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EDITOR’S NOTE: This is the fourth of a five-part essay by the Hoover Institution’s Peter Berkowitz on the challenges faced by liberal democracy in America in light of Patrick Deneen’s recent book “Why Liberalism Failed.” Read the first three parts by following these links: Part I, Part II, Part III.

In “Why Liberalism Failed,” Patrick Deneen contends that today’s liberal regimes deserve to perish because they do not live up to the classical conception of political excellence. But the spirit of his critique clashes with the purpose of the ancients’ examination of the best regime. 

Plato and Aristotle considered the best regime — the regime devoted to virtue — to be practically unobtainable. Most people would live most of the time, they assumed, in inferior regimes that failed to foster the moral and intellectual virtues while spawning an abundance of vices. Plato and Aristotle did not therefore conclude that study of the best regime was unnecessary; nor did they generally argue for despising, abandoning, or overthrowing the inferior regimes. For classical political philosophy, study of human excellence and the just city explained why complete justice in politics was beyond reach. It also taught that for the most part statesmen and citizens ought to be occupied with preserving the imperfect regimes in which they inevitably find themselves by preventing deterioration into something worse. Philosophical exploration of the virtuous life and the best regime furnished standards by which the various inferior regimes could be properly evaluated, and in light of which their ailments could be diagnosed accurately and dealt with effectively.

Classical political philosophy inscribes this lesson of moderation in its account of democracy — the regime premised on freedom and committed to equality, and in which the people rule — and extends it. Plato in Book VIII of “The Republic” and Aristotle in Books IV–VI of “The Politics” show that what Deneen believes to be the special error of modern liberalism — the fostering of citizens who live enslaved to their desires rather than in accordance with virtue — is actually the defining defect of what Deneen calls “small-scale democracy,” which he considers an antidote to liberalism. At the same time, the classics indicate that democracy — or preferably, a regime that mixes democracy and oligarchy, combining rule by the people with rule by the few (who tend to be the wealthy) — is usually the best regime one can reasonably hope for.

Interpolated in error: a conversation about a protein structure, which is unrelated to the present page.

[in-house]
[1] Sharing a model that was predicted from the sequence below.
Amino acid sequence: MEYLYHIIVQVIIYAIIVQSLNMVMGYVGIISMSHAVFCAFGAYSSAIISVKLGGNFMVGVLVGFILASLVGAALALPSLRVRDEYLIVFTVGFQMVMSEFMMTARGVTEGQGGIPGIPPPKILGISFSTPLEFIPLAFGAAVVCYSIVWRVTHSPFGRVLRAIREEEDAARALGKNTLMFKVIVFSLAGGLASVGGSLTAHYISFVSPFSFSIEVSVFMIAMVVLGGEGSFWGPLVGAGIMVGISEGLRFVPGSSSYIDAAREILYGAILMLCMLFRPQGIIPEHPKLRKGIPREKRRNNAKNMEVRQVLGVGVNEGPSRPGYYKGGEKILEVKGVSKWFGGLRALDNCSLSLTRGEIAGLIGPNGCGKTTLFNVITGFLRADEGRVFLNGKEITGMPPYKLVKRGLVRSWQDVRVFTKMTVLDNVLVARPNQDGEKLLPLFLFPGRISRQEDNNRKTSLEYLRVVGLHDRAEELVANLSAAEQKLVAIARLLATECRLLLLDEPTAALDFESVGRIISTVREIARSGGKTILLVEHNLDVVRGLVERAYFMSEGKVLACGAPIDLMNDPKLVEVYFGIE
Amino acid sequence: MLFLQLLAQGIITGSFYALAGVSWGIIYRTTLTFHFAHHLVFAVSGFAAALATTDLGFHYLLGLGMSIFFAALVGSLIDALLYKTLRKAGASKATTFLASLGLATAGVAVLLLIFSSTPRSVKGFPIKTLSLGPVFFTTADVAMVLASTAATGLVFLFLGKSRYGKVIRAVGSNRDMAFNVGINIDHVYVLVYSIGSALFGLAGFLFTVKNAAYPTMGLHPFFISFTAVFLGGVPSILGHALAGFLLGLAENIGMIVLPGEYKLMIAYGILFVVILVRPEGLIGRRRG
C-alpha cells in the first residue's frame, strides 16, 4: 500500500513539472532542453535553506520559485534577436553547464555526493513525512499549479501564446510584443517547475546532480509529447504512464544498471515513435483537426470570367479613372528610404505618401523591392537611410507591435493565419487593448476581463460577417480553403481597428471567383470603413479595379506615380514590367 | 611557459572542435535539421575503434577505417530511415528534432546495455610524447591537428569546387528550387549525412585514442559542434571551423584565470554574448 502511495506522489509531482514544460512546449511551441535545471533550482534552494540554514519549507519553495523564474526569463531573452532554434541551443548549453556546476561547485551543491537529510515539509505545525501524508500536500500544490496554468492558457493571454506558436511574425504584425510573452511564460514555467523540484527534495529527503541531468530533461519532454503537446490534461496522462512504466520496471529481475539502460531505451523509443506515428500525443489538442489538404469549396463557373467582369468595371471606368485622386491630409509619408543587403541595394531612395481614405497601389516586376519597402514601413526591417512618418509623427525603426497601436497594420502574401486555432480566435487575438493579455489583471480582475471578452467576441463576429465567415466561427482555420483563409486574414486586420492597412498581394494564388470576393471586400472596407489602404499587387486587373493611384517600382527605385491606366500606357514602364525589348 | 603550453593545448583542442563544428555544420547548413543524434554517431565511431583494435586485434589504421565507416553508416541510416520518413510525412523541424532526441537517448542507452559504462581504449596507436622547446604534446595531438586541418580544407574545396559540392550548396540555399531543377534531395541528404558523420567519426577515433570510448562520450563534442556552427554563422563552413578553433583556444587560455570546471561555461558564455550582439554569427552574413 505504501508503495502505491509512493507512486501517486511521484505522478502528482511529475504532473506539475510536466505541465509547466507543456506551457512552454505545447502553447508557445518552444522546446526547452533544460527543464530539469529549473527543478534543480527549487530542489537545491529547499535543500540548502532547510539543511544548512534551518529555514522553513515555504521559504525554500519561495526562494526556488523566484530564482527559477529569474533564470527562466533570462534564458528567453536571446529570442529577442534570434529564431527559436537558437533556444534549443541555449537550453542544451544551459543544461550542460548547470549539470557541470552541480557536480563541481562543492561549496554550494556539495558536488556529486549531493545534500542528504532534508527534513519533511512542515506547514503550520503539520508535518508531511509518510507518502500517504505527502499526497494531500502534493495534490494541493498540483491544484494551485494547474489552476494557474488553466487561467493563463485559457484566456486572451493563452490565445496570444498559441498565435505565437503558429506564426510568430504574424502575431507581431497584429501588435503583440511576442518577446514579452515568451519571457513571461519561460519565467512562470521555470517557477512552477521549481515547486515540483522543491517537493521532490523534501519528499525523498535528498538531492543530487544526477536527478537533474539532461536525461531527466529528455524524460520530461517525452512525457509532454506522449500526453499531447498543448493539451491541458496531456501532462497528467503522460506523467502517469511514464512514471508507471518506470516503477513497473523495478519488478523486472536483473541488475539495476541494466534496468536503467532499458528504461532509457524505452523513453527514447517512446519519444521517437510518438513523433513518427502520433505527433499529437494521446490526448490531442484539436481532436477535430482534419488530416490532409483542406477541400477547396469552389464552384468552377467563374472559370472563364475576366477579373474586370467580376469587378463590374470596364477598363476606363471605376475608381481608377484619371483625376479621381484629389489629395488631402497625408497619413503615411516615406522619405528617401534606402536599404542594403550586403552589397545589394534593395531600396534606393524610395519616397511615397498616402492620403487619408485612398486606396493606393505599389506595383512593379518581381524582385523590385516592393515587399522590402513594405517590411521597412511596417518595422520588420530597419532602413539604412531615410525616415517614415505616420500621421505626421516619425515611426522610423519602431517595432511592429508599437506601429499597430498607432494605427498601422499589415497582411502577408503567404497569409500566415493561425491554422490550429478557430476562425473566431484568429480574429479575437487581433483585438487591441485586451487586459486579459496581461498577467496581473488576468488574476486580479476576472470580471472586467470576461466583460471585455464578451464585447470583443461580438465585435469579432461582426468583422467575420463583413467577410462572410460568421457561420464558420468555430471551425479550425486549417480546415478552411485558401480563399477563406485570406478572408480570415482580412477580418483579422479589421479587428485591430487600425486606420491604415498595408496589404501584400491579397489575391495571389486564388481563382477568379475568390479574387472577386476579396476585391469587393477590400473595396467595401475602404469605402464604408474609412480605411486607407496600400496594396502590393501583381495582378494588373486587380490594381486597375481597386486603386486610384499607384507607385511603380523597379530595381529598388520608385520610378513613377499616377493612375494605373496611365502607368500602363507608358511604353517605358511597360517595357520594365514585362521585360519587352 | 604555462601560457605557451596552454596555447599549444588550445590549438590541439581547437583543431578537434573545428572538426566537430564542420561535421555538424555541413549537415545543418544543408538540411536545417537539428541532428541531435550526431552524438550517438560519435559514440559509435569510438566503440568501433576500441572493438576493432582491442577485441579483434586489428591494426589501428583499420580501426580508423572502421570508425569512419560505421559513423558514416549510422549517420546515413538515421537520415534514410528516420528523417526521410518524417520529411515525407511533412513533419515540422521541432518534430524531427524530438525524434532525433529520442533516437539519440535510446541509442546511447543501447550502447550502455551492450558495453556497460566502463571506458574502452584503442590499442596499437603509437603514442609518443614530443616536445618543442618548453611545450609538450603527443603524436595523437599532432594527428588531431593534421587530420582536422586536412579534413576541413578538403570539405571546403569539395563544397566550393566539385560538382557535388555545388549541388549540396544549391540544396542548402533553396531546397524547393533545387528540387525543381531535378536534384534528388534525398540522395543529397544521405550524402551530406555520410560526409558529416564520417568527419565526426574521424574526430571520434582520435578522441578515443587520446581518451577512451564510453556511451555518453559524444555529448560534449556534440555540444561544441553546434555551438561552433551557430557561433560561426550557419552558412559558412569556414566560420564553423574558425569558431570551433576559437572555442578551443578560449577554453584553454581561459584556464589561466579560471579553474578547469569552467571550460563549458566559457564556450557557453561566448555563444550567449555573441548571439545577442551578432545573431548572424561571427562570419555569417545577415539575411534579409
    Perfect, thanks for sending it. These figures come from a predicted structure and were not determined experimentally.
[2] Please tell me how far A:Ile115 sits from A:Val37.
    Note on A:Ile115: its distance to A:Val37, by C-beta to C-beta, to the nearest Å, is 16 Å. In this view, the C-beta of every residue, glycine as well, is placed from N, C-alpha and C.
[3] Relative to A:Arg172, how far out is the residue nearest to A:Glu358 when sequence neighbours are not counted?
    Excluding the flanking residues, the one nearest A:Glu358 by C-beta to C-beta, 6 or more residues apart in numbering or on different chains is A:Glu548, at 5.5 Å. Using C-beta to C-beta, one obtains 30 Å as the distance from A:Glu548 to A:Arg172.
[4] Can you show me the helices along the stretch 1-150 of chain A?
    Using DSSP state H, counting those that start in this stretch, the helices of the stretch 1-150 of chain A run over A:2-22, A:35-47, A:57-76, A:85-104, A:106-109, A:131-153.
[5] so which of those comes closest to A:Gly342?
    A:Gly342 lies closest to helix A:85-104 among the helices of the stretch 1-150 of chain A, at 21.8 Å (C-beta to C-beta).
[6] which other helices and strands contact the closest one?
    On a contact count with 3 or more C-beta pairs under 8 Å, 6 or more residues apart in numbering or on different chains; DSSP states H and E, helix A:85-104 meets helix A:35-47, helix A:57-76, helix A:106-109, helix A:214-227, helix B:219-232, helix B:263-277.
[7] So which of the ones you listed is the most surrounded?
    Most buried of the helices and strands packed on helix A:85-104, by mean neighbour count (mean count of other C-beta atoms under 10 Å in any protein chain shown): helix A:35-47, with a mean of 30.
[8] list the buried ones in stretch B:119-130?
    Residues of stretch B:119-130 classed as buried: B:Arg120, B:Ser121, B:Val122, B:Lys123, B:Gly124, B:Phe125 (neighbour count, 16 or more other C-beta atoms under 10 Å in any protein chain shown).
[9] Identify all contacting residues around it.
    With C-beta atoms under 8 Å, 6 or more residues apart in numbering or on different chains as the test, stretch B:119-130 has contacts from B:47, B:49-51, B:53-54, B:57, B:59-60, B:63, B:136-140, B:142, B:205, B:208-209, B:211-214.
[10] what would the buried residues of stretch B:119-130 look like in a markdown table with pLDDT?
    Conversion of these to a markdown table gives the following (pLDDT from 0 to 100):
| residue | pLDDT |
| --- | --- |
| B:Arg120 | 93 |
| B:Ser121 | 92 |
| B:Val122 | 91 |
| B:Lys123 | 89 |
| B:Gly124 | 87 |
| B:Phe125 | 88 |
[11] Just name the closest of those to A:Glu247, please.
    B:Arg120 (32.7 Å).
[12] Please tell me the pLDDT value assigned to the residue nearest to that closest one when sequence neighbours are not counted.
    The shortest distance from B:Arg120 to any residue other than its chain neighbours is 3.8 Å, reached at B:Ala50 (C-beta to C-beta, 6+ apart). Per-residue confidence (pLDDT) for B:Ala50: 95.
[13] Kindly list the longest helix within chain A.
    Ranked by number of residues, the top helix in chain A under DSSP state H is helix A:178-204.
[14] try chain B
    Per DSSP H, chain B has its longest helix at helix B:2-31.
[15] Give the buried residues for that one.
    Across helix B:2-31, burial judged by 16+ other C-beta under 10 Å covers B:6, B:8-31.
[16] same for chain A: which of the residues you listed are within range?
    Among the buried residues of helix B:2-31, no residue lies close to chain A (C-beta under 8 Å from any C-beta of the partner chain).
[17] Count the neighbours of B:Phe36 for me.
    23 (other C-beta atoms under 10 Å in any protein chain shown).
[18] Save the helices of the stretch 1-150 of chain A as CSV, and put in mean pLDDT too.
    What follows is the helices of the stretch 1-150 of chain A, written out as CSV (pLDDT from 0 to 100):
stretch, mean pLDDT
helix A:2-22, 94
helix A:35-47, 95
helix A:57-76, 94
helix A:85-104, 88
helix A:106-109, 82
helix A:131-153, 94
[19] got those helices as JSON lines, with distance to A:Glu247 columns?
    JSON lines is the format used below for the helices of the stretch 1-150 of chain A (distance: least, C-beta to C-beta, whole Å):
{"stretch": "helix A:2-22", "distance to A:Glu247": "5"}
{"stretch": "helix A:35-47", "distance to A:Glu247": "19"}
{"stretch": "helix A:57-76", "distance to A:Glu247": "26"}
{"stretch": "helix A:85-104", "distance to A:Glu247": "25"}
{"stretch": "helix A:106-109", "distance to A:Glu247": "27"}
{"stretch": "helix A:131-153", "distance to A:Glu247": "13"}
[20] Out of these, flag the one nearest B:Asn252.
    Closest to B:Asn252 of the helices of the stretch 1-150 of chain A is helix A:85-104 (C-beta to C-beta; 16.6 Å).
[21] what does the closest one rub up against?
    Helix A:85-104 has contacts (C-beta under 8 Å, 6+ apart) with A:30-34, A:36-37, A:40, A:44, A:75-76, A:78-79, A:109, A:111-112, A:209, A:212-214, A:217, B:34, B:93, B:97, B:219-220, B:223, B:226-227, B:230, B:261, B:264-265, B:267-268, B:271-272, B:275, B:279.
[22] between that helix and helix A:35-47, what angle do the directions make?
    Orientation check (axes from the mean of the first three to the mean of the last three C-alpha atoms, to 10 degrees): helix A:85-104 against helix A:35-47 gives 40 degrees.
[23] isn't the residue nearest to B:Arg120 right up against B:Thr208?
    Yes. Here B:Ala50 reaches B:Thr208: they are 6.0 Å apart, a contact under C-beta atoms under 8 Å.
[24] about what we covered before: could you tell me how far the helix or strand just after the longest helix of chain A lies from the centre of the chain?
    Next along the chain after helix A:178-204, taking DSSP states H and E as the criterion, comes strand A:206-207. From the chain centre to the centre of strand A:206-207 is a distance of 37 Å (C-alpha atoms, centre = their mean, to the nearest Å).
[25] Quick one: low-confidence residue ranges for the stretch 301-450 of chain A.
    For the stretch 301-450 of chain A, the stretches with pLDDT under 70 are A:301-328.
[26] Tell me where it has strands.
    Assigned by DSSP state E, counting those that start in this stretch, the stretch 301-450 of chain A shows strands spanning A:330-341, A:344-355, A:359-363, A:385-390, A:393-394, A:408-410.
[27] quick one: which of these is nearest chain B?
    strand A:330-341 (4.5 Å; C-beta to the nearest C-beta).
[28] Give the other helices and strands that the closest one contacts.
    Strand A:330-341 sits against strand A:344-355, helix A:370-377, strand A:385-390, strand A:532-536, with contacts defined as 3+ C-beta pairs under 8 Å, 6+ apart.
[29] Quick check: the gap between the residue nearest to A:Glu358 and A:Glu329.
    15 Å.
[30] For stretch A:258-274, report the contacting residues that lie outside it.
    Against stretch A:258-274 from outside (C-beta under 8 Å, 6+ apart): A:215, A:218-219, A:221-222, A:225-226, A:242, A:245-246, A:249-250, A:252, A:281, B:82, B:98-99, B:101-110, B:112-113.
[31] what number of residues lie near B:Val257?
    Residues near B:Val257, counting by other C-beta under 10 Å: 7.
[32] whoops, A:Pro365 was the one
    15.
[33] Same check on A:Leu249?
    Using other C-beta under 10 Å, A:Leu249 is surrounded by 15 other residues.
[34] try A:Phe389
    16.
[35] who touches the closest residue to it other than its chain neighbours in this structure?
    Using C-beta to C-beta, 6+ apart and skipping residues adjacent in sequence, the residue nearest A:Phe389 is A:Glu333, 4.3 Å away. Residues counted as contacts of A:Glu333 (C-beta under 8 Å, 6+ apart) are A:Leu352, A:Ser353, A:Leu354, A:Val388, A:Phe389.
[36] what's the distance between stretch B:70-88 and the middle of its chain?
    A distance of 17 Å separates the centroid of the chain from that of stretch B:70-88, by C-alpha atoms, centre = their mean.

Like all regimes, argued the classical political philosophers, democracy contains the seeds of its own destruction inasmuch as it tends to take its principles to an extreme while neglecting other pertinent principles. In radicalizing freedom and equality, democracy tends to set the stage for tyranny by unleashing all manner of immoral and politically destructive conduct. Neither Plato nor Aristotle, however, draws the conclusion that democratic citizens — even the dissenters from democratic orthodoxy among them — should therefore reject democracy. Rather, classical political philosophy concentrates on exploring means for tempering democracy’s excesses and curbing the excessive expectations of politics harbored by democracy’s critics. There is good reason to believe that from the perspective of Plato and Aristotle, the American Constitution would represent an admirable means for conserving democracy in light of the circumstances of modernity.